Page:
32. Outline • A challenging stream query problem • Real-world example: US DOE network monitoring • Open-Source Components • Stream Query Engine: TelegraphCQ • Data Warehousing store: FastBit • Performance Study • Stream Analysis, Load, Lookup • Handling Bursts: Data Triage

    33. Data Triage • Provision for the typical data rate • Fall back on approximation during bursts • But always do as much “exact” work as you can! • Benefits: • Monitor fast links with cheap hardware • Focus on query processing features, not speed • Graceful degradation during bursts • 100% result accuracy most of the time ICDE 2006

    34. Bursty data goes to the triage process first Place a triage queue in front of each data source Summarize excess tuples to prevent missing deadlines Data Triage To Query Engine Summaries Of Triaged Tuples Relational Tuples Triaged Tuples Summarizer Triage Queue Triage Process Tuples Initial Parsing And Filtering Packets ICDE 2006

    35. Query engine receives tuples and summaries Use a shadow query to compute approximation of missing results Data Triage User Query Engine Merge Summaries Of Missing Results Main Query Shadow Query Summaries Of Triaged Tuples Relational Tuples ICDE 2006

    36. Read the paper for… • Provisioning • Where are the performance bottlenecks in this pipeline? • How do we mitigate those bottlenecks? • Implementation • How do we “plug in” different approximation schemes without modifying the query engine? • How do we build shadow queries? • Interface • How do we present the merged query results to the user? ICDE 2006

    37. Delay Constraint Window 1 Window 2 Delay Constraints All results from this window… …must be delivered by this time Time ICDE 2006

    38. Experiments • System • Data Triage implemented on TelegraphCQ • Pentium 3 server, 1.5 GB of memory • Data stream • Timing-accurate playback of real network traffic from www.lbl.gov web server • Trace sped up 10x to simulate an embedded CPU select W.adminContact, avg(P.length) asavgLength, stdev(P.length) asstdevLength wtime(*) aswindowTime from Packet P [range ’1 min’ slide ’1 min’ ], WHOIS W where P. srcIP>WHOIS.minIP andP.srcIP<WHOIS.maxIP groupbyW.adminContact limit delay to ‘10 seconds’; ICDE 2006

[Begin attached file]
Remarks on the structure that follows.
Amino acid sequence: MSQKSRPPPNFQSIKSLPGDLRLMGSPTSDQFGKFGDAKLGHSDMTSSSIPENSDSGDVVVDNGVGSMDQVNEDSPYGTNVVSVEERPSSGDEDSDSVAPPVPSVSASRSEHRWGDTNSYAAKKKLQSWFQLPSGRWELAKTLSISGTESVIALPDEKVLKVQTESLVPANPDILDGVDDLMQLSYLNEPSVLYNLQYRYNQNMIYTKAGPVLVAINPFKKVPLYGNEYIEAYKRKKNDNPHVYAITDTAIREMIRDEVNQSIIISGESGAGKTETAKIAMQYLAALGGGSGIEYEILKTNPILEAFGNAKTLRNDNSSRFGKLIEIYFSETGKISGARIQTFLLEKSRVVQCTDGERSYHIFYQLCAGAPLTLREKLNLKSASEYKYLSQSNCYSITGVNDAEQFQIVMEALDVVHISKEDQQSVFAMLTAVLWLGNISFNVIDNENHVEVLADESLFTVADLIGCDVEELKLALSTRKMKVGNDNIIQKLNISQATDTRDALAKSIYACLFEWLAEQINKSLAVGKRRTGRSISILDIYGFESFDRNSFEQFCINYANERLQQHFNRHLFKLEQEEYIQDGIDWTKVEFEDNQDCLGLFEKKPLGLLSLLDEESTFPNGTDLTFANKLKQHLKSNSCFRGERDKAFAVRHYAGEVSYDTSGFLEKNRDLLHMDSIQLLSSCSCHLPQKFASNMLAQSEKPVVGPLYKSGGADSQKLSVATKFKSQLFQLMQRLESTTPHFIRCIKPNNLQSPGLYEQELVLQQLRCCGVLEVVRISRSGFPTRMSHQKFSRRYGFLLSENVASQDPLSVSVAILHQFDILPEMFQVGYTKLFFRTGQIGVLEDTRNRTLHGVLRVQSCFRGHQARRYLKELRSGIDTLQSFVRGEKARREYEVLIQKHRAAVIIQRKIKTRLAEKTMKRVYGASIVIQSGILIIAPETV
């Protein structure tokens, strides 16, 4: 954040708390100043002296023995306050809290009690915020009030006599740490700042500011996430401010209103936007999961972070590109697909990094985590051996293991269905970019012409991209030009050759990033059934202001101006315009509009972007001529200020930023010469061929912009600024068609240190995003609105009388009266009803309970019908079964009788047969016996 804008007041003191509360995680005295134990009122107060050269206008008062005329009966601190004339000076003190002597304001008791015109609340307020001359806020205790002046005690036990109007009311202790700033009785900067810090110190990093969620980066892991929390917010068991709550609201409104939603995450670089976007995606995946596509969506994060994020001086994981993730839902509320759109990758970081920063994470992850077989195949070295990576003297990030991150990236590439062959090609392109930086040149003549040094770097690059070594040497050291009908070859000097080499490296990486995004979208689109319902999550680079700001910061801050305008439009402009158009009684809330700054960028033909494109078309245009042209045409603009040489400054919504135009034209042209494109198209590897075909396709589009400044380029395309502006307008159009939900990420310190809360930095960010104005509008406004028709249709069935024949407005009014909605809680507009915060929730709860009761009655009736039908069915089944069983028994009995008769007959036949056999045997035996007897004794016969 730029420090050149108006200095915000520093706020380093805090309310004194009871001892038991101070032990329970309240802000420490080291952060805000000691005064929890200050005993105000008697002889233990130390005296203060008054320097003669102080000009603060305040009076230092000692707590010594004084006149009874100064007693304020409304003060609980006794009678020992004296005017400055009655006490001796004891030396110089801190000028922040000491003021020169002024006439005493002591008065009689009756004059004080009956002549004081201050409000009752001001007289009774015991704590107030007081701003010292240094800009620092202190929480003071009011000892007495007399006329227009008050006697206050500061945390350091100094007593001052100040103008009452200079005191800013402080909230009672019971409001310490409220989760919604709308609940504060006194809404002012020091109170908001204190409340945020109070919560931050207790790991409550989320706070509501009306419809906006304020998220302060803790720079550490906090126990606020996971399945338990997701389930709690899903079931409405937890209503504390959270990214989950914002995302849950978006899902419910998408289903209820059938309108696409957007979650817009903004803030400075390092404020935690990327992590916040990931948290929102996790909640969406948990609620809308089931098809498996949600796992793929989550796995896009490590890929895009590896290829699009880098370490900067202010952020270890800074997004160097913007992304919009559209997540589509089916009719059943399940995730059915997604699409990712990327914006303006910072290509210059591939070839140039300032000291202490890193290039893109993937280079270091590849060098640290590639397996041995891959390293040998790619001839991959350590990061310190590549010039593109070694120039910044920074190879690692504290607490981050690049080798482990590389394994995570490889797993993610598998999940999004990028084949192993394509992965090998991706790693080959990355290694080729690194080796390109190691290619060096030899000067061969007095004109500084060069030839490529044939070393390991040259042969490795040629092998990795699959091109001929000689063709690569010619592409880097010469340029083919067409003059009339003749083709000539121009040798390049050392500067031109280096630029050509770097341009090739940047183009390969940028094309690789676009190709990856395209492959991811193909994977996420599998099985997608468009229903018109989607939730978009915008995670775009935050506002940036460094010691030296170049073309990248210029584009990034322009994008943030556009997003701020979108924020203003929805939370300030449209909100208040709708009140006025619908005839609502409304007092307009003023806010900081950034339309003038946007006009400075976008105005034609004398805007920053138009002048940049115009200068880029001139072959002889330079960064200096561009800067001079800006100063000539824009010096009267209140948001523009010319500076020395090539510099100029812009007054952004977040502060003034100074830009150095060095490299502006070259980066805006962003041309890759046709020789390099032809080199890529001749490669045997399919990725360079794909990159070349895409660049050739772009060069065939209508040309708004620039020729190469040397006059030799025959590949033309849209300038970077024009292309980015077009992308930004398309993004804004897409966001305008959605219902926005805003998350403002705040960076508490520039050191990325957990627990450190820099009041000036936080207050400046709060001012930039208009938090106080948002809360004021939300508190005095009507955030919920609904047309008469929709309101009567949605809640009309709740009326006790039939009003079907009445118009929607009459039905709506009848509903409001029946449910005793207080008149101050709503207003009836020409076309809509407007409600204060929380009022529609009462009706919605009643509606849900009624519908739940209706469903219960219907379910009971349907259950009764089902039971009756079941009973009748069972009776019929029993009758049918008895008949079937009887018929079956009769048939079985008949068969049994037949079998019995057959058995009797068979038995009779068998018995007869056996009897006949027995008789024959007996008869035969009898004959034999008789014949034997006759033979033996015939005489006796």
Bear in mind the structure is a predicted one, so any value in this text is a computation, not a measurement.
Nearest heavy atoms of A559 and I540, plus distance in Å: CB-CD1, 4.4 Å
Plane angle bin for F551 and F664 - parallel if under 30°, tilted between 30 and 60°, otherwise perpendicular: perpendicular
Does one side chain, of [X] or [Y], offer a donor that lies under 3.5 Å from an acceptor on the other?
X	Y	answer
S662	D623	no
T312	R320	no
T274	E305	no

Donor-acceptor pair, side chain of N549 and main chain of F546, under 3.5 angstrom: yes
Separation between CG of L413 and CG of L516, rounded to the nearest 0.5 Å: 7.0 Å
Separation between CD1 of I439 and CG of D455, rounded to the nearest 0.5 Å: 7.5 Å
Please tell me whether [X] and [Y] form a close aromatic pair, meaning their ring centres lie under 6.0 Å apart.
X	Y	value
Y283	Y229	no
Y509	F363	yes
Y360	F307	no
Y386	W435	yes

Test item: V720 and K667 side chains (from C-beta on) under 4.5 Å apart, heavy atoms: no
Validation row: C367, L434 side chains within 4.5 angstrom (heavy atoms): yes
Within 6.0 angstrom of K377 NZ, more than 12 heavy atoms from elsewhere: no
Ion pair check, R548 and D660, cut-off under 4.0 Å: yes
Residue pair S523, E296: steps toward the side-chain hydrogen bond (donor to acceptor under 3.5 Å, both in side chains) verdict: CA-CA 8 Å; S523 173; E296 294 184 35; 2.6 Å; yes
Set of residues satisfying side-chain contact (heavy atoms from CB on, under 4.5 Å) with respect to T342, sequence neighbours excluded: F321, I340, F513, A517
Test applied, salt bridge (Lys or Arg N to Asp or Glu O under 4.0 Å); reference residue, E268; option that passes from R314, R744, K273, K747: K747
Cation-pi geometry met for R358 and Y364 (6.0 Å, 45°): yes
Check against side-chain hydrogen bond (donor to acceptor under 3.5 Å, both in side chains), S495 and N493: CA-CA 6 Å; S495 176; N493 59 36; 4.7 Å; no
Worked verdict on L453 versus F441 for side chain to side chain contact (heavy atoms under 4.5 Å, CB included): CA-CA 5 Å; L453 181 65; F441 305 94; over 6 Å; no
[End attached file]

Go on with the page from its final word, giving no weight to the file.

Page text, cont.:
39. Experimental Results: Latency ICDE 2006

    40. Experimental Results: Accuracy • Compare accuracy of Data Triage with previous work • Comparison 1: Drop excess tuples • Both methods using 5-second delay constraint • No summarization ICDE 2006

    41. Experimental Results: Accuracy • Comparison 2: Summarize all tuples • Reservoir sample • 5 second delay constraint • Size of reservoir = number of tuples query engine can process in 5 sec ICDE 2006

    42. Conclusions & Issues • Stream Query + Append Only Warehouse • Good match, can scale a long way at modest $$ • Data Triage combats Stream Query bottleneck • Provision for the common case • Approximate on excess load during bursts • Keep approximation limited, extensible • Parallelism needed • See FLuX work for High Availability • Shah et al, ICDE ‘03 and SIGMOD ‘04 • vs. Google’s MapReduce • Query Optimization for streams? Adaptivity! • Eddies: Avnur & HellersteinSIGMOD ‘00 • SteMs: Raman, Deshpande, Hellerstein, ICDE ‘03 • STAIRs: Deshpande & HellersteinVLDB ’04 • Deshpande/Ives/Raman survey, F&T-DB ‘07

    43. More? • http://telegraph.cs.berkeley.edu • Frederick Reiss and Joseph M. Hellerstein. “Declarative Network Monitoring with an Underprovisioned Query Processor”. ICDE 2006. • F. Reiss, K. Stockinger, K. Wu, A. Shoshani, J. M. Hellerstein. “Enabling Real-Time Querying of Live and Historical Stream Data”. SSDBM 2007. • Frederick Reiss. “Data Triage”. Ph.D. thesis, UC Berkeley, 2007.